Today, we met with Andrew Harper, printed books director of the Guildhall Library. The Guildhall is another library within the borders of the square mile City of London. The current Guildhall Library is the 4th one to be built on the site since the 1420s. The first library provided materials to professionals. During the reign of Edward VI, the Duke of Somerset wanted to stock his own library and so took all of the Guildhall books for himself. The current library does own 1 item from the original library, a Bible, but most of the books have been lost over the course of time.
In the 1820s, the library was re-founded but was only open to members of the library/guilds. In the 1870s, a new library was built. In 1875, it opened to the public, becoming one of the first public libraries in the country. The collection included a good deal of business information which later became the business library also located in the City of London.
During WWII, the library was burnt after an inciderary bomb hit a nearby church. Because of the Blitz risk, most of the valuable items had been moved already. Unfortunately, the place where they were "safely" stored also burnt down, losing those records forever. The library ever since has been trying to replace those books/items. There are still a few items which haven't been able to be replaced and remain on the "Burnt Books" list. After the war, the interior of the library was repaired and it reopened.
The location, however, wasn't entirely convenient for library purposes. It was always being used for social and state functions which meant the library was continuously being closed and the reading room arranged and rearranged. In 1974, a new library was built right next to the old library. Today, you might never know that the old library is there unless you know the area well or happen to go around the corner and see it.
The new library has an extensive collection on books about London. In fact, in the 1930s, a Guildhall librarian devised a separate classification system for the London books. Dewey is used for the non-London works but would not have been useful for the London collection. Their collection of British and English local history (parish records, etc), family history and Parliamentary matter is quite impressive.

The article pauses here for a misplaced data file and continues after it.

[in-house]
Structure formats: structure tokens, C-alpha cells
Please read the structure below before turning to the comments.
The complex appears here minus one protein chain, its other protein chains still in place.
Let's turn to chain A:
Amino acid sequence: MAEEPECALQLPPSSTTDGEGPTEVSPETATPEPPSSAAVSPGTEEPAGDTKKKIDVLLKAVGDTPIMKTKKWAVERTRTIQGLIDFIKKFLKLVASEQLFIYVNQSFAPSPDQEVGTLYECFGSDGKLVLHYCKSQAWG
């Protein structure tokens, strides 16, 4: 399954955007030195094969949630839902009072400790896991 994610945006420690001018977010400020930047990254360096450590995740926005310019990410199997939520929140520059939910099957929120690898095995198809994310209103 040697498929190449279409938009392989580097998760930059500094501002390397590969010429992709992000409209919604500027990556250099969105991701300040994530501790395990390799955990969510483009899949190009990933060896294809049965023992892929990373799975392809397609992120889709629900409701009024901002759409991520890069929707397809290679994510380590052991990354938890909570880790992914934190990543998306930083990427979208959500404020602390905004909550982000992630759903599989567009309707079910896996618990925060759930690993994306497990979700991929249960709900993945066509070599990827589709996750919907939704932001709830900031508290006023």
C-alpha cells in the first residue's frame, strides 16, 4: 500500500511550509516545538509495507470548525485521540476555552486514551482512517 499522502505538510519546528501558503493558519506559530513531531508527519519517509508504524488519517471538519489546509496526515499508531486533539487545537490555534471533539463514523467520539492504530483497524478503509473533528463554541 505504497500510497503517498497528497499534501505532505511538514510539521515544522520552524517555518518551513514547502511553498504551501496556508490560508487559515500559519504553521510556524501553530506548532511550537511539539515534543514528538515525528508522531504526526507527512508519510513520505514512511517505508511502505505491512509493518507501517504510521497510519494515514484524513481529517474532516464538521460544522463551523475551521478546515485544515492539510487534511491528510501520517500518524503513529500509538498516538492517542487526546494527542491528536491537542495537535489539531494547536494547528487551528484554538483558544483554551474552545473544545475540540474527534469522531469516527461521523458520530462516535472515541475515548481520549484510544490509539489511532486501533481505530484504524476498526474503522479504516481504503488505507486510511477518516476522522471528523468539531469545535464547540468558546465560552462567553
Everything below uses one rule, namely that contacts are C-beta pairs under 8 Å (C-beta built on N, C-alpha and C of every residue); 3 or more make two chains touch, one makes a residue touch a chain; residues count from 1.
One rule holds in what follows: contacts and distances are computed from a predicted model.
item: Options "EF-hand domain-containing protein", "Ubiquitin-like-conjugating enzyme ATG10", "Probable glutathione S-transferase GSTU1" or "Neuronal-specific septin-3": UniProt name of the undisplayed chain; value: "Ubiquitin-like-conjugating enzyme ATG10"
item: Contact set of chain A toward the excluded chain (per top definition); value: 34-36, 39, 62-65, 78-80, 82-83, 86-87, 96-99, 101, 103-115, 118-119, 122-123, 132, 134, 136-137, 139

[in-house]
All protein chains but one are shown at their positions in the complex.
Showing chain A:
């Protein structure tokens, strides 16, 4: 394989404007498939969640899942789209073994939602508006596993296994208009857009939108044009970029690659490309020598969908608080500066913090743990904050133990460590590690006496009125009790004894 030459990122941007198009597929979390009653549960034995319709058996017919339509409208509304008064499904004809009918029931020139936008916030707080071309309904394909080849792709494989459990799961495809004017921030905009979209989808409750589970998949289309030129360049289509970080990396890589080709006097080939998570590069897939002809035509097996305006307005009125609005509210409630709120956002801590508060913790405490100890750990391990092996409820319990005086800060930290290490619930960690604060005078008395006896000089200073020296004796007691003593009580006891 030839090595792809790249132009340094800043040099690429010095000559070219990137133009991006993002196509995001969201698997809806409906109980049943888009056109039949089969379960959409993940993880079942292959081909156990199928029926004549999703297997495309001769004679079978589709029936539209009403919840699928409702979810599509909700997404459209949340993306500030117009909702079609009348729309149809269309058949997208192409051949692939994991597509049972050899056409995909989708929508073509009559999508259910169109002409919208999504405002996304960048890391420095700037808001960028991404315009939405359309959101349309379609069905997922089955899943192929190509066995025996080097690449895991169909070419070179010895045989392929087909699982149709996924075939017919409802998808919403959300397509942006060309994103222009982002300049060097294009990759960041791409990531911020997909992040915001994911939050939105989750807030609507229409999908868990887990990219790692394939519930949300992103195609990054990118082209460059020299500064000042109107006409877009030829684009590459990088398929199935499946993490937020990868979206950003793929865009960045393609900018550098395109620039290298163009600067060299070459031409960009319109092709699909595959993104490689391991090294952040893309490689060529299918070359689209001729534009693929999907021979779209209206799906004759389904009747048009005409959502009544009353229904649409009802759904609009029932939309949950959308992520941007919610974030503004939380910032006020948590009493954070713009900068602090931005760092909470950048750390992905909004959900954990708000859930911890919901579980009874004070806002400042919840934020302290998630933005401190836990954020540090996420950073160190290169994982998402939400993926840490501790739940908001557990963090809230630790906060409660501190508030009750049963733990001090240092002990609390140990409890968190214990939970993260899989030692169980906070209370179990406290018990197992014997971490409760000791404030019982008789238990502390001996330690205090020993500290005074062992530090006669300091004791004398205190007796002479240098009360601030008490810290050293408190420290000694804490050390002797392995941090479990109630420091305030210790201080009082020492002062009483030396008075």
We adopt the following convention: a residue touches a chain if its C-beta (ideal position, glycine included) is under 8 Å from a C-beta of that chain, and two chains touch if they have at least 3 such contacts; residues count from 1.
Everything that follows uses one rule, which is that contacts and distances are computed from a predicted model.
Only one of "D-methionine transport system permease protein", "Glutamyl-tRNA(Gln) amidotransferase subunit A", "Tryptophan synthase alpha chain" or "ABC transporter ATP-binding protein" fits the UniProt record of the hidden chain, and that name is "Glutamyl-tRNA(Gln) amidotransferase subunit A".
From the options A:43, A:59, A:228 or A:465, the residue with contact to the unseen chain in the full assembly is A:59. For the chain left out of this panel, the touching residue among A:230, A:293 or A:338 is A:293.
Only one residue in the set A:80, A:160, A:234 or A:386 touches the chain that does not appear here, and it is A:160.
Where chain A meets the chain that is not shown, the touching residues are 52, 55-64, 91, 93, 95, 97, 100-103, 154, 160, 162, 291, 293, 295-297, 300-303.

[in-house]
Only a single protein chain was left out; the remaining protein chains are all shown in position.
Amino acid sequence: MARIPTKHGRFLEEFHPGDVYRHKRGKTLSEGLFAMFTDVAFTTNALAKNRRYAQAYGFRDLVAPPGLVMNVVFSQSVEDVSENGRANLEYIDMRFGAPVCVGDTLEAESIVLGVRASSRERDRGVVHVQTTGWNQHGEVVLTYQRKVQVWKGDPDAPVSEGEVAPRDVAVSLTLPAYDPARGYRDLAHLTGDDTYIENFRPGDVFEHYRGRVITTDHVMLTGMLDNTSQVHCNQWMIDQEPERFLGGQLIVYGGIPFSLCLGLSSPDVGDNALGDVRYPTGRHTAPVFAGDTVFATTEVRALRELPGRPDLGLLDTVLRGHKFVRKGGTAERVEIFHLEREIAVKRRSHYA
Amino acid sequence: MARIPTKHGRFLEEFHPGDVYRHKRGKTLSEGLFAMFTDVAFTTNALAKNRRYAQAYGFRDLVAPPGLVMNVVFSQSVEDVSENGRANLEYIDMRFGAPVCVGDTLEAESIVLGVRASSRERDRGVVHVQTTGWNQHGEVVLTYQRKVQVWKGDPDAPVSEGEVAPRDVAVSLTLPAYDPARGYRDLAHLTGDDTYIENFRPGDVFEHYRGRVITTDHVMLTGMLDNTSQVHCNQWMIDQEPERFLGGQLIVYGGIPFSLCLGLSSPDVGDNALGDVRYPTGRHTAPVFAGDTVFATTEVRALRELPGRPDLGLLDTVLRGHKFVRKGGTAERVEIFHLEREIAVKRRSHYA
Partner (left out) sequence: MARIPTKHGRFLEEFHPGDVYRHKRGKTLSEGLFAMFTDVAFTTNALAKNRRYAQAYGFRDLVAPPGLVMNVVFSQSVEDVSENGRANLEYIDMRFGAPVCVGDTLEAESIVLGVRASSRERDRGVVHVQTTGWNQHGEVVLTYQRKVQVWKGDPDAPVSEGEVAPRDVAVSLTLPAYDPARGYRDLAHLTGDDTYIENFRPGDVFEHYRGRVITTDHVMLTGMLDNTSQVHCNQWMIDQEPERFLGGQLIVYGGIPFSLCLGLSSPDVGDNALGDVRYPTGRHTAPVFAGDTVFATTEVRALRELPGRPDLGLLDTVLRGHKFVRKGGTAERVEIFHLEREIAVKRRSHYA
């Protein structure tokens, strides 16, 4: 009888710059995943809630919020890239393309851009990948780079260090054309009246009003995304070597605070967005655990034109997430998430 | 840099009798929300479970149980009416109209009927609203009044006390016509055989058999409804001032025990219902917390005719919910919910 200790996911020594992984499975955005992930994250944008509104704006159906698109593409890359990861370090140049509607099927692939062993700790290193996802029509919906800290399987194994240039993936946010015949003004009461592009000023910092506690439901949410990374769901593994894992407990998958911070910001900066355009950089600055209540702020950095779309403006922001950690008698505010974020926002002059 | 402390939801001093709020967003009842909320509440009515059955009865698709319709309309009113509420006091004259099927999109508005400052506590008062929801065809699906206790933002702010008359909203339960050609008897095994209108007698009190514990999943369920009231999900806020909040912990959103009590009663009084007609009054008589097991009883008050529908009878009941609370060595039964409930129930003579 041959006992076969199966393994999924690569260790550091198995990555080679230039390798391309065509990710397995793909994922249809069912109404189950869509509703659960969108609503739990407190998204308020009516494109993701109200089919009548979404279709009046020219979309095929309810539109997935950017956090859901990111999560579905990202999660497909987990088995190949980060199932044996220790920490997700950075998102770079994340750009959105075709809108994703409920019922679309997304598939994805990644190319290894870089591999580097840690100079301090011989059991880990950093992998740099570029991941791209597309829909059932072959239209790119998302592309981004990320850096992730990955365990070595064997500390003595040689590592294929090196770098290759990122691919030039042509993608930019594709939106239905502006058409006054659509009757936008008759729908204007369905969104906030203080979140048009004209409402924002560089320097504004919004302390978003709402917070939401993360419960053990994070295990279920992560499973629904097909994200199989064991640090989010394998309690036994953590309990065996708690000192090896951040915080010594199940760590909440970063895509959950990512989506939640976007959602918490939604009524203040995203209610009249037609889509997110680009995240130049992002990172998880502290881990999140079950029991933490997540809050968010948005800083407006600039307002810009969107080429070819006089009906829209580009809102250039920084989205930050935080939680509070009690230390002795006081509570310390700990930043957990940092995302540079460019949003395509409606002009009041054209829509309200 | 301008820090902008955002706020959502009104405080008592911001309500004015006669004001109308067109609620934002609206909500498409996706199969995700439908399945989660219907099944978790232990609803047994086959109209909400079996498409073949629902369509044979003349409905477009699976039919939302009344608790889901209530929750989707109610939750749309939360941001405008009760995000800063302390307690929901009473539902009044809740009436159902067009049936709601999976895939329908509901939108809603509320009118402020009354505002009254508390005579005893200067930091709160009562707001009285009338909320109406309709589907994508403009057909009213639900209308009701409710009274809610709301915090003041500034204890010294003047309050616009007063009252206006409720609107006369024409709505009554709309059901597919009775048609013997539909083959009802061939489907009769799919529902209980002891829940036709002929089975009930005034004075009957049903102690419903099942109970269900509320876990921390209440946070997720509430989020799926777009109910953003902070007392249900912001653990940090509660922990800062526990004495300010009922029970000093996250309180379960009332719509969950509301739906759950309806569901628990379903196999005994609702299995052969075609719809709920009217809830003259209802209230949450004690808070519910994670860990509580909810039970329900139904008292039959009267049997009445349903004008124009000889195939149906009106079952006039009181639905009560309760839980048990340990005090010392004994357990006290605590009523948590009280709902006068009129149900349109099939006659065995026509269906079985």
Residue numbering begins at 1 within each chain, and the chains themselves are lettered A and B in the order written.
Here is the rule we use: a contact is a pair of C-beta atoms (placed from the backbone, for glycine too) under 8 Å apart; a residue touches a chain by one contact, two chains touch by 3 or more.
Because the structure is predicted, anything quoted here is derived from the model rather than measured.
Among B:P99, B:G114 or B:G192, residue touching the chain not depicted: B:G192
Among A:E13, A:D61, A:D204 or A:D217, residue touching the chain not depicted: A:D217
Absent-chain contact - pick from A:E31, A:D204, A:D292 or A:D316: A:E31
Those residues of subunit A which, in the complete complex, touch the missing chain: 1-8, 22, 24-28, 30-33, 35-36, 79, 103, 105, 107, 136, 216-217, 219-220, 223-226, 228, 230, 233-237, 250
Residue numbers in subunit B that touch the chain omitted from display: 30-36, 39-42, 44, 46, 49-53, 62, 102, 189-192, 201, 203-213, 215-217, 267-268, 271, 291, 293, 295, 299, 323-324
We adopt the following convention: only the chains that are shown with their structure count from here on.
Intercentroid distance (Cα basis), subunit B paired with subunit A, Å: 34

Here is a picture to break up all of the words in this post. It comes from a postcard which has information about the Guildhall Library Prints and Maps section.
It was interesting to learn that 95 livery companies (i.e. guilds) gave their libraries to the Guildhall and still deposit materials in it today. I guess I never thought that guilds are still around.
One of the most internationally important collection that the library holds is the London Stock Exchange records. The stock exchange gave the Guildhall Library all of their historical records and company annual reports from 1880 to 1964. This collection alone comprises 2.5 miles (!) of shelf space. What a resource for people looking for information about companies!
Another very important collection is the Lloyds Marine collection. Lloyds is an insurance company which once specialized in maritime risk. This collection includes 350,000 voyage record cards which recorded information about every single ship that hit the seas.
The current library has 10 staff members in the printed books section, 4 in the print room, 10 in the manuscript area, 14 service assistants, and volunteers who assist during special projects such as indexing the Lloyds records. The library receives anywhere from 10-15 letters or emails asking questions each day. The first 20 minutes research (done by a librarian) is free but for a more in-depth search, it costs £50 per hour. I found it interesting that the Guildhall Library strives to get requested books to their readers within 20 minutes (if the book is on site). Readers are allowed to photocopy the more modern documents but most are beginning to bring digital cameras to get color copies, instead.
I also found it interesting that the library designed their own digital image database called COLLAGE. Mr. Harper said it was one of the first digitization projects. If a user wishes, he or she can print out a small copy of whatever document or item that they want. If they want a clearer or larger copy, the library will send them one for a small fee.